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Abbotts 74th Get Together 2011

by Sue Holstein

Being asked to write this introduction to the Compendium brought a mix of emotions - joy, honor, sadness. Let me explain .

I’m Susan Holstein, a “box jumper”, married to Mark Holstein ,stage manager of the Abbott’s Magic Get-Together, and daughter of Bill Smetak, the former stage manager. Dad (Bill) was friends with Werner Dornfield (Dorny) – the stage manager before him. And so the circle of life has continued.

When I was a kid, Dad looked forward to Abbott’s like a child did to Christmas. My mother was never interested in magic so she took my brothers and I to Wisconsin while Dad journeyed to Colon – a place that seemed far, far away from the northwest side of Chicago. It was a place, I knew even then, that brought joy to my father and rejuvenated him.

It wasn’t until I began dating Mark that I actually ventured to Abbott’s. It was, in fact, magic and friendship that brought Mark and I together. Little did Dad realize that when he asked me to assist his friend Mark with a show that the rest would become history. You see, I moved out at age 18, so I did not know that Dad’s friend Mark was my age. I assumed that Mark was a doddering old guy!

I experienced the Abbott’s Get Together for the first time with Mark’s sister, Sonja (his assistant at the time) and her best friend. Mark and I were not yet married. I was 24 years old.

Arriving in Colon I felt surprise. A sleepy, quiet town with Amish influence, large open fields, huge evening skies. No hotel, no movie theatre, no department store, one grocery store, a bank, one restaurant, two cafes, and two gas stations. For one week a year, the townspeople of Colon open their homes, yards, basement, spare rooms, and hearts to the hundreds of magicians that descend on this otherwise quiet place.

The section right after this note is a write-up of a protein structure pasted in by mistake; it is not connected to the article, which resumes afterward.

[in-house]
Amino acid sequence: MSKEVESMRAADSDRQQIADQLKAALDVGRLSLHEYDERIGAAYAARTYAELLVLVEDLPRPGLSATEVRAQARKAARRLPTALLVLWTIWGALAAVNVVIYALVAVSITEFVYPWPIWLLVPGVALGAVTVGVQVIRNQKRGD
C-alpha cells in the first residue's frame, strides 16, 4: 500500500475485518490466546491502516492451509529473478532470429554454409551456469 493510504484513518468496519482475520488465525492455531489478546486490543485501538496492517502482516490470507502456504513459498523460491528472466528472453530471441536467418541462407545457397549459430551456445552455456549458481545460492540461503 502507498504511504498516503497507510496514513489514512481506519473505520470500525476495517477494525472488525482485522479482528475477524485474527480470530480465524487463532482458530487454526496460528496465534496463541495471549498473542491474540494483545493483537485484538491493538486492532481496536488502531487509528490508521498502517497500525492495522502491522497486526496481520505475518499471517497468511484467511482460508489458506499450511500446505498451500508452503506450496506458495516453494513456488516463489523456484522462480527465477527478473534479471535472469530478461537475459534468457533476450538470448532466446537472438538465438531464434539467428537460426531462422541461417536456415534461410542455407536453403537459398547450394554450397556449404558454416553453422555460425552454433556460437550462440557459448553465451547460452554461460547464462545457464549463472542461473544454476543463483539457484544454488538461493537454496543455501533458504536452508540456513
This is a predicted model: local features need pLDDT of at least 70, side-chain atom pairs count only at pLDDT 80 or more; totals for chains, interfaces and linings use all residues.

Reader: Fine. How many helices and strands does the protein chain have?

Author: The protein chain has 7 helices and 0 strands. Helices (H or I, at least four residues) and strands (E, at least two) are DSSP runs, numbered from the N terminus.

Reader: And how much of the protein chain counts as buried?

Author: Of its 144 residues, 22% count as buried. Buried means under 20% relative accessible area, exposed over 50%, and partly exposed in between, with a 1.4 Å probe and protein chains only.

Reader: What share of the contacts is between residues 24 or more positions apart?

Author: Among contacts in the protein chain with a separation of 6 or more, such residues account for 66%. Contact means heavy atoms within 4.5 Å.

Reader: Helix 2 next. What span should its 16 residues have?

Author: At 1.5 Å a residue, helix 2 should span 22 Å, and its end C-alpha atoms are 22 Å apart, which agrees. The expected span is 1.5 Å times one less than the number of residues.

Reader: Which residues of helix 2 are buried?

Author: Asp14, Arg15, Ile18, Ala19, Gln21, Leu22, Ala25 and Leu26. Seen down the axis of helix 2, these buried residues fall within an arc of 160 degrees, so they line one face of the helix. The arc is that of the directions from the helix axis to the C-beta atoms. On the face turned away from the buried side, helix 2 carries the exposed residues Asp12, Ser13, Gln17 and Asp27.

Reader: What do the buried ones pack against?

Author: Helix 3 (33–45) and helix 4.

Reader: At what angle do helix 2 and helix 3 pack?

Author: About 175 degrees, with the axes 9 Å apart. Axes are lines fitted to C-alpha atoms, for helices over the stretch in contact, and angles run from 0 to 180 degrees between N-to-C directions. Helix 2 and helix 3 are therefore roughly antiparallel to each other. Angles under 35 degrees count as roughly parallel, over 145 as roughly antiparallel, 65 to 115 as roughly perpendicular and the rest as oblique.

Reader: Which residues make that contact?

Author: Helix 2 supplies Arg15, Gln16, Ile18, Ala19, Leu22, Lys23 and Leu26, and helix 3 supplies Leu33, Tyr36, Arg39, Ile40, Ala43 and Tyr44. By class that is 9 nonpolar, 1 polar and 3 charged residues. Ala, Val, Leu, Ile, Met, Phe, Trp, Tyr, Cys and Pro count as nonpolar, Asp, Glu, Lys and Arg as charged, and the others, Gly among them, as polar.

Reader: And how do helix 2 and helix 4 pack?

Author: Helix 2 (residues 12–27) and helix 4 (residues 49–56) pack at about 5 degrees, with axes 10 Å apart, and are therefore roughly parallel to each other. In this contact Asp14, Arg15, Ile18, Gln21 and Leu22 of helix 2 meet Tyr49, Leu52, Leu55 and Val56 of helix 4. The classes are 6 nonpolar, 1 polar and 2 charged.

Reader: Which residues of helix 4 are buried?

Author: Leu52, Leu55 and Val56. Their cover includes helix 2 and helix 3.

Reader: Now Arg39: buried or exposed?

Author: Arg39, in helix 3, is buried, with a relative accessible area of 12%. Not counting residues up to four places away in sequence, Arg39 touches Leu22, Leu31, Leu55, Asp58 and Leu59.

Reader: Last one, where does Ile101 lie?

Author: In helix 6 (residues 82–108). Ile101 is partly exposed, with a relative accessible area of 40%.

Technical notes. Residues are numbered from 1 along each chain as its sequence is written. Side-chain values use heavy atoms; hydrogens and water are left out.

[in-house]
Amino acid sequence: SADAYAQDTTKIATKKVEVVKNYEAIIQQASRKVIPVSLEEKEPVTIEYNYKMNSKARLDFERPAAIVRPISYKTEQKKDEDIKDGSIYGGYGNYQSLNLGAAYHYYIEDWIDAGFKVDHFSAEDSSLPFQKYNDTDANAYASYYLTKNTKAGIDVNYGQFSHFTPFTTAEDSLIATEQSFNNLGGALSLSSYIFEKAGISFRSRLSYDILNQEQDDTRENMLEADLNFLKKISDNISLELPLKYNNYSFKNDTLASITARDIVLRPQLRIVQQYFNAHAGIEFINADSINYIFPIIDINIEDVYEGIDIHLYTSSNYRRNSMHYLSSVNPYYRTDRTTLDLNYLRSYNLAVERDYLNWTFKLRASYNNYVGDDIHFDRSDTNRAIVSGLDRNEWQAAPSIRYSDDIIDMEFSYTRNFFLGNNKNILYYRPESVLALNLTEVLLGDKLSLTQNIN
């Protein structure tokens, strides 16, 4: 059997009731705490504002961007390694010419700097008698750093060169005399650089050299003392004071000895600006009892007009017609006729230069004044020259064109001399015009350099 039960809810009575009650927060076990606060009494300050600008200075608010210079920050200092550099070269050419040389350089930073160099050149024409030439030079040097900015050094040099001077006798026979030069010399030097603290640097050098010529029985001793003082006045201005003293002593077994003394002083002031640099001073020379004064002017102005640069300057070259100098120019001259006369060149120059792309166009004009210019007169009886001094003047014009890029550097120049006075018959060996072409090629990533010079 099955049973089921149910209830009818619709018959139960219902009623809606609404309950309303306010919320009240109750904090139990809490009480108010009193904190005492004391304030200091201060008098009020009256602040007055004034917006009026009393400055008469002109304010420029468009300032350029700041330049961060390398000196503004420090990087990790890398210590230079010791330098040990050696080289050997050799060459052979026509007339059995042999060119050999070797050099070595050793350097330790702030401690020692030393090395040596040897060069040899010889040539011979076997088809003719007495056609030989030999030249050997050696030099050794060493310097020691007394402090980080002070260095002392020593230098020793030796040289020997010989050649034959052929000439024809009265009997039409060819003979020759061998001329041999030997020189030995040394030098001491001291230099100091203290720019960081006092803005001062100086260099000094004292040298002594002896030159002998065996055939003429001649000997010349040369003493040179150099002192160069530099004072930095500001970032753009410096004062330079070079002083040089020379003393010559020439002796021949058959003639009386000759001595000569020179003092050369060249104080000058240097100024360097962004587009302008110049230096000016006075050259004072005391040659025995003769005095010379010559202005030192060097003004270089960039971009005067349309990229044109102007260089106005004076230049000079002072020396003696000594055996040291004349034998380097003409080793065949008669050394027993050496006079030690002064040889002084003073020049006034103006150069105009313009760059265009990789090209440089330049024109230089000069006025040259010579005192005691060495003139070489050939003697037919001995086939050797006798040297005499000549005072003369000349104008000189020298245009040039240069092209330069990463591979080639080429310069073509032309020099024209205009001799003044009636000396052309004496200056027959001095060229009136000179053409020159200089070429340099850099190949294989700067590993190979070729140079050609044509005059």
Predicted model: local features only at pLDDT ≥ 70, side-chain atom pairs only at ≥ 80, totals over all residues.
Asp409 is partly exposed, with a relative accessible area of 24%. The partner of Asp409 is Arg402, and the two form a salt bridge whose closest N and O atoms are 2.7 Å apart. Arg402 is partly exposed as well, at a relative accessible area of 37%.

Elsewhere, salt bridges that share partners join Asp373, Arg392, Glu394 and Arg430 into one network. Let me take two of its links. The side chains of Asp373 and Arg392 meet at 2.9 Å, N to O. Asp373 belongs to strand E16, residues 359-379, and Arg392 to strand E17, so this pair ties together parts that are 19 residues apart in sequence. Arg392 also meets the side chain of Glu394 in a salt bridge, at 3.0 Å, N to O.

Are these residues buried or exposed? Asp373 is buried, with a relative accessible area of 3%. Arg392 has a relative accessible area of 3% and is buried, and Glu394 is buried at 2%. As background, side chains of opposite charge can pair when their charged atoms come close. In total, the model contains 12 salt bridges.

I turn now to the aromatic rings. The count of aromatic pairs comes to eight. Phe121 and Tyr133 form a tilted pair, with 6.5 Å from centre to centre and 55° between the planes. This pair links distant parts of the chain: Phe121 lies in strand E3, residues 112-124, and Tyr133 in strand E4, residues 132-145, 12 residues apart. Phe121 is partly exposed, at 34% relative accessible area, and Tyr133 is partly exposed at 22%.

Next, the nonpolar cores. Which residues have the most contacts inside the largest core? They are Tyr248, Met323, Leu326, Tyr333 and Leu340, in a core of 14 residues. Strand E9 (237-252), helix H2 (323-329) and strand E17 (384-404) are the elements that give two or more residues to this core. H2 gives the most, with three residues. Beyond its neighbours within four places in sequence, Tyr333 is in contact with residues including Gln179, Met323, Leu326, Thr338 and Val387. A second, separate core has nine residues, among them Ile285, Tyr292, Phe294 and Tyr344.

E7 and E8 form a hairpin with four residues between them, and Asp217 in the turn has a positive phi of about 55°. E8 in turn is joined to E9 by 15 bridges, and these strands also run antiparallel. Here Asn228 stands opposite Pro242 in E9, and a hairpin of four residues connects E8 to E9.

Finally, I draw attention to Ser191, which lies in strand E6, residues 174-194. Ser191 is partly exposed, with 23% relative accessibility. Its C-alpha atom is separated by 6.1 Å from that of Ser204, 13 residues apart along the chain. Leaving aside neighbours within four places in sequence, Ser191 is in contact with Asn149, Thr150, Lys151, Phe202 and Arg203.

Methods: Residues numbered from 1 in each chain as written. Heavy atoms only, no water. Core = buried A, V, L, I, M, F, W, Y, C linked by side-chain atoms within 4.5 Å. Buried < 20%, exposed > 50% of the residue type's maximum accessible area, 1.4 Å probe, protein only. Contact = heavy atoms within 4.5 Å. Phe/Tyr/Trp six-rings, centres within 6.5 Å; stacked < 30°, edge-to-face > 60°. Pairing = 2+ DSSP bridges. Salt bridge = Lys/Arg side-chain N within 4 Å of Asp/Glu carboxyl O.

I knew the shows took place in the high school auditorium. After all, there is no theatre. I remember helping Dad fold what seemed to be endless yards of curtains before and after the Get Together. We organized his tool kit, his back stage box and all the assorted things needed to turn that gymnasium into a theatre. And all the while, he regaled me with stories from the Get Together – news about friends, acts, lectures, conversations from “the back room” of the Magic Carpet (the restaurant where my Dad and his friends gathered after the evening shows).

For the first time in my life, I met the friends my father had talked about for years : Greg and Debbie Bordner, Hank and Jackie Moorehouse, Gay and Harry Blackstone, Peg Weikal, Harriett Jacobsen, Gordon (Mike) Miller, Gene Anderson, the Conklin family, Jay and Fran Marshall, Tommy Edwards, George Johnstone, Neil Foster, Karrell Fox. . . too many friends to mention here. Each and every one of them embraced me into this truly wonderful family of magic.

I even had the joy of meeting Bob and Elaine Lund, owner of the American Museum of Magic in Marshall, Michigan. On Sunday after the Get Together, we drove to this incredible collection of magic and history – and we visited with dear friends who always had time for anyone who visited. I learned a lot about the history of magic on these tours from both Bob and my father. I also learned about an important part of my father’s life and friends.